Undercover cop helps take crack dealers off the street - and Stevenage police chief warns crooks: You could be next

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news@thecomet.net - Credit: Archant

Drug dealers who operated crack houses and regularly sold heroin and crack cocaine within sight of Stevenage schools are behind bars this week after being snared by an undercover cop.

In total 10 people were sentenced for distributing Class A drugs in the town after the ring was cracked by the cop, referred to in court only as Dan.

Cambridge Crown Court heard how dealers ran phone lines and used runners – many of whom had mental health issues and addiction problems, and were forced into the trade – to distribute their wares.

There were five phone lines, each one run by a different dealer.

Zach Eujone, 23, was involved in 11 deals with Dan, four next to schools.


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The 23-year-old of Watson Court, Stevenage, who has nine previous convictions, was given a 40-month prison sentence.

Joshua Thomas arranged nine deals and used an address in Broom Walk as a safe house where drugs could be sold and used.

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Thomas had already sold Class A drugs to an undercover police officer in 2009, receiving a 40-month prison term. On Friday he was sentenced to four years behind bars.

Bubacarr Keita was linked to four deals, using a flat in Inskip Crescent as a safe house. The 40-year-old, who has previous convictions for importing drugs, was sentenced to four years.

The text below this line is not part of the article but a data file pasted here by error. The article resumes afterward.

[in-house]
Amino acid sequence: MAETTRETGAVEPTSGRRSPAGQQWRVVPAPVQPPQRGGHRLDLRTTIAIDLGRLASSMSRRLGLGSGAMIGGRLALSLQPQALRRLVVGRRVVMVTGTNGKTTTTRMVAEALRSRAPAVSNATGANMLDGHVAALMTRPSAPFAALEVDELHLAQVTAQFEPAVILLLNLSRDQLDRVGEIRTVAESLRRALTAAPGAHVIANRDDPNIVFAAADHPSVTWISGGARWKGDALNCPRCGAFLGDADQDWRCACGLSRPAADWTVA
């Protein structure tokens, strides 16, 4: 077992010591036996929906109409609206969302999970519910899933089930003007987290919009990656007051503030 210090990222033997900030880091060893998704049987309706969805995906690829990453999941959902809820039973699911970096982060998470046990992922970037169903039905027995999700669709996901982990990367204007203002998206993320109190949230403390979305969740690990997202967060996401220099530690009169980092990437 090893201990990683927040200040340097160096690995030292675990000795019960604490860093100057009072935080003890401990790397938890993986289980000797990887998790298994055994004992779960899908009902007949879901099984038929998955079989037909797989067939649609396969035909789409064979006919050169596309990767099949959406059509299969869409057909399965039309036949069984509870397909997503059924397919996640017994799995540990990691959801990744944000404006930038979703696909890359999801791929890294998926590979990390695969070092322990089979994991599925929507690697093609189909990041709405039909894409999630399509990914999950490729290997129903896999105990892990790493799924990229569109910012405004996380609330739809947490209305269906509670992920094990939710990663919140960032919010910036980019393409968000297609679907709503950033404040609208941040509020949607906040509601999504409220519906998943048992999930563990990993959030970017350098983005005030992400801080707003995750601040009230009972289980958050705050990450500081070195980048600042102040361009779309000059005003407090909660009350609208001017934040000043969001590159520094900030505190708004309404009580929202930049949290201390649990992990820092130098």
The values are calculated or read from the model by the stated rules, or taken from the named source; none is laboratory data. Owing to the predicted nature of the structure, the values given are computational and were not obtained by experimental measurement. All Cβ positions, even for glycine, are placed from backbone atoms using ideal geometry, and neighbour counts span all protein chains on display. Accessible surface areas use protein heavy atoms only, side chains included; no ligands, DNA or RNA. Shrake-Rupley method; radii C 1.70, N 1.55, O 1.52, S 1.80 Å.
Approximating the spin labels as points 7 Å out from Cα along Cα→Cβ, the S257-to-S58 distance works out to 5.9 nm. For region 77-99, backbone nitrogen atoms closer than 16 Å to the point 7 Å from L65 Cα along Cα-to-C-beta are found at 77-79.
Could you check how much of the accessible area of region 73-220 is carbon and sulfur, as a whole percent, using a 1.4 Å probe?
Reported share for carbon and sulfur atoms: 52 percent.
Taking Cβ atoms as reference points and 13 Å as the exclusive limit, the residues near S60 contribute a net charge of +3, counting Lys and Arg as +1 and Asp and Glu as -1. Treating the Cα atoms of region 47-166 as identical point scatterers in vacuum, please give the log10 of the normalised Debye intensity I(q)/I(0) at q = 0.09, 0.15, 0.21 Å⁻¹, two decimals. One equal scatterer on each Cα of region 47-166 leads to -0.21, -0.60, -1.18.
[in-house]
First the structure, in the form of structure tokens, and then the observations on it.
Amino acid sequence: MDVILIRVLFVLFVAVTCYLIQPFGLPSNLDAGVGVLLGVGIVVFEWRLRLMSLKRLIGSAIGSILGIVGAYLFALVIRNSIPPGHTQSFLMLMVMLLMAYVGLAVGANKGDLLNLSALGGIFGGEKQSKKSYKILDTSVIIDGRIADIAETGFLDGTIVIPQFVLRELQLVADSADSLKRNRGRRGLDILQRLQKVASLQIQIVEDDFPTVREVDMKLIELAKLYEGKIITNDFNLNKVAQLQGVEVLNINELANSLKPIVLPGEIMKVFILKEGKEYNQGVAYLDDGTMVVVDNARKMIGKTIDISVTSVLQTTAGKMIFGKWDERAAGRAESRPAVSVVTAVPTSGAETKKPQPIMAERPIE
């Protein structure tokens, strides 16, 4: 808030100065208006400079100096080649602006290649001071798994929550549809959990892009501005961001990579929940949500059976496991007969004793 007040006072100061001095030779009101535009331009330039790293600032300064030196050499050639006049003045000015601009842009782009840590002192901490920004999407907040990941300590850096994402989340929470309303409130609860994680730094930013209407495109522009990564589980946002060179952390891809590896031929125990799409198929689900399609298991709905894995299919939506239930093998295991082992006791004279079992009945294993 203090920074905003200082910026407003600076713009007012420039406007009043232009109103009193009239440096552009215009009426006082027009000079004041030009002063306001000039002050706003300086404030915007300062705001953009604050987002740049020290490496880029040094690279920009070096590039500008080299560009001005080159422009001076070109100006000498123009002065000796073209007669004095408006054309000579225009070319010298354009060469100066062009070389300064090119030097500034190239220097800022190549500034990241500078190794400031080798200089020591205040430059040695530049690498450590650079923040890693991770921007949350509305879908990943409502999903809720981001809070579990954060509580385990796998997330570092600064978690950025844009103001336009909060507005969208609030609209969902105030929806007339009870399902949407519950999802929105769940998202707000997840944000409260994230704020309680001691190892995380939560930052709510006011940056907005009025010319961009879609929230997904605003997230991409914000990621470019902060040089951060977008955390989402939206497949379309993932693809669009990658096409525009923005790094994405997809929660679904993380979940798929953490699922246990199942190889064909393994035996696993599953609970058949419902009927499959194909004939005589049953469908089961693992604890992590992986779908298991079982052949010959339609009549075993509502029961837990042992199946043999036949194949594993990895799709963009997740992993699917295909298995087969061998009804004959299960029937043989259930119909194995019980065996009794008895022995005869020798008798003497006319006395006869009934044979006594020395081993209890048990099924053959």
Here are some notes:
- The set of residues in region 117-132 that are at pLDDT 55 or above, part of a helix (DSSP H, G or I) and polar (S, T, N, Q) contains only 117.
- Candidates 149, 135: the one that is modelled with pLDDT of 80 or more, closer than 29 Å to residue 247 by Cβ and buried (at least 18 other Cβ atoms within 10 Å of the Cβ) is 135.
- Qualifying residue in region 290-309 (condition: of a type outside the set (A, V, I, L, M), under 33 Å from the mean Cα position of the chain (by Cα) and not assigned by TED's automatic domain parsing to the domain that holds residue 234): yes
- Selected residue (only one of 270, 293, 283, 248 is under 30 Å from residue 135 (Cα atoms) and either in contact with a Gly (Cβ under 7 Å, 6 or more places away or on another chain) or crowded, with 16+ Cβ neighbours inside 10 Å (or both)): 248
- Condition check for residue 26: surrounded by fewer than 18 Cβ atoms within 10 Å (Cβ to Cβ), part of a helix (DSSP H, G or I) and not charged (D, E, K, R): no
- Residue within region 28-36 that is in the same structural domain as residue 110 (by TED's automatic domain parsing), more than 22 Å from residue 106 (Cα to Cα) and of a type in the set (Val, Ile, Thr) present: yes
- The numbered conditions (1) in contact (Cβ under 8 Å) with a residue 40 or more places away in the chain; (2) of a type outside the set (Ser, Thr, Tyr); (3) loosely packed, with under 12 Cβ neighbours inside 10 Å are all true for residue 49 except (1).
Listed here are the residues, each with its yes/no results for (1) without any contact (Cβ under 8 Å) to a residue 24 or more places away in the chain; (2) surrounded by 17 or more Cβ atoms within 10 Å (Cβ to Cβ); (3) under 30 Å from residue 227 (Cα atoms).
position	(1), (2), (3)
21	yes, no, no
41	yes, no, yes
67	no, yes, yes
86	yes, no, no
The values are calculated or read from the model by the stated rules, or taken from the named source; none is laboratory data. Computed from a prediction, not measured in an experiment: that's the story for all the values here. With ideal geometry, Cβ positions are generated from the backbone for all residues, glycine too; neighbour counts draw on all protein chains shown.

Domonic Adu-Mensah supplied Dan seven times, six from the home of Emma Davis, 42, in Shephall Green. The 24-year-old, who has no previous convictions, was sentenced to 40 months.

Summing up, the judge said: “It is clear there was a great deal of dealing of drugs going on in Stevenage in close proximity to schools and public places.

“You were supplying other people at the same time and you will be sentenced not just for supplying drugs to an undercover police officer but also for supplying others.

“Drug dealing has a negative impact on the community whether through the people who sell them in full view of schools or the associated crime that addicts commit to pay for their habits.

“For your guilty pleas you will have 33 per cent taken off your sentence and released after half of your sentence to serve the rest on licence.”

As well as the ringleaders put behind bars, the judge handed down a string of other sentences including suspended jail terms, drug treatment, rehabilitation orders and curfews after hearing that defendants played only a minor role in the operation, were forced to take part usually to feed their own habit, and had the potential to be rehabilitated.

Chief Insp Richard Harbon, who heads the police team in Stevenage, said: “This operation was part of our ongoing work to tackle drug- related crime. I hope it sends out a clear message that this kind of activity will not be tolerated. We will actively pursue people who deal drugs in our community.

“Drug offences are often closely linked to other types of acquisitive crime such as burglary, robbery and motor vehicle theft.

“I hope we have reassured local residents that we are listening to their concerns and we will act on information they provide. We will continue to pursue leads and act on intelligence. If you are engaged in the supply of drugs, you could be next.”

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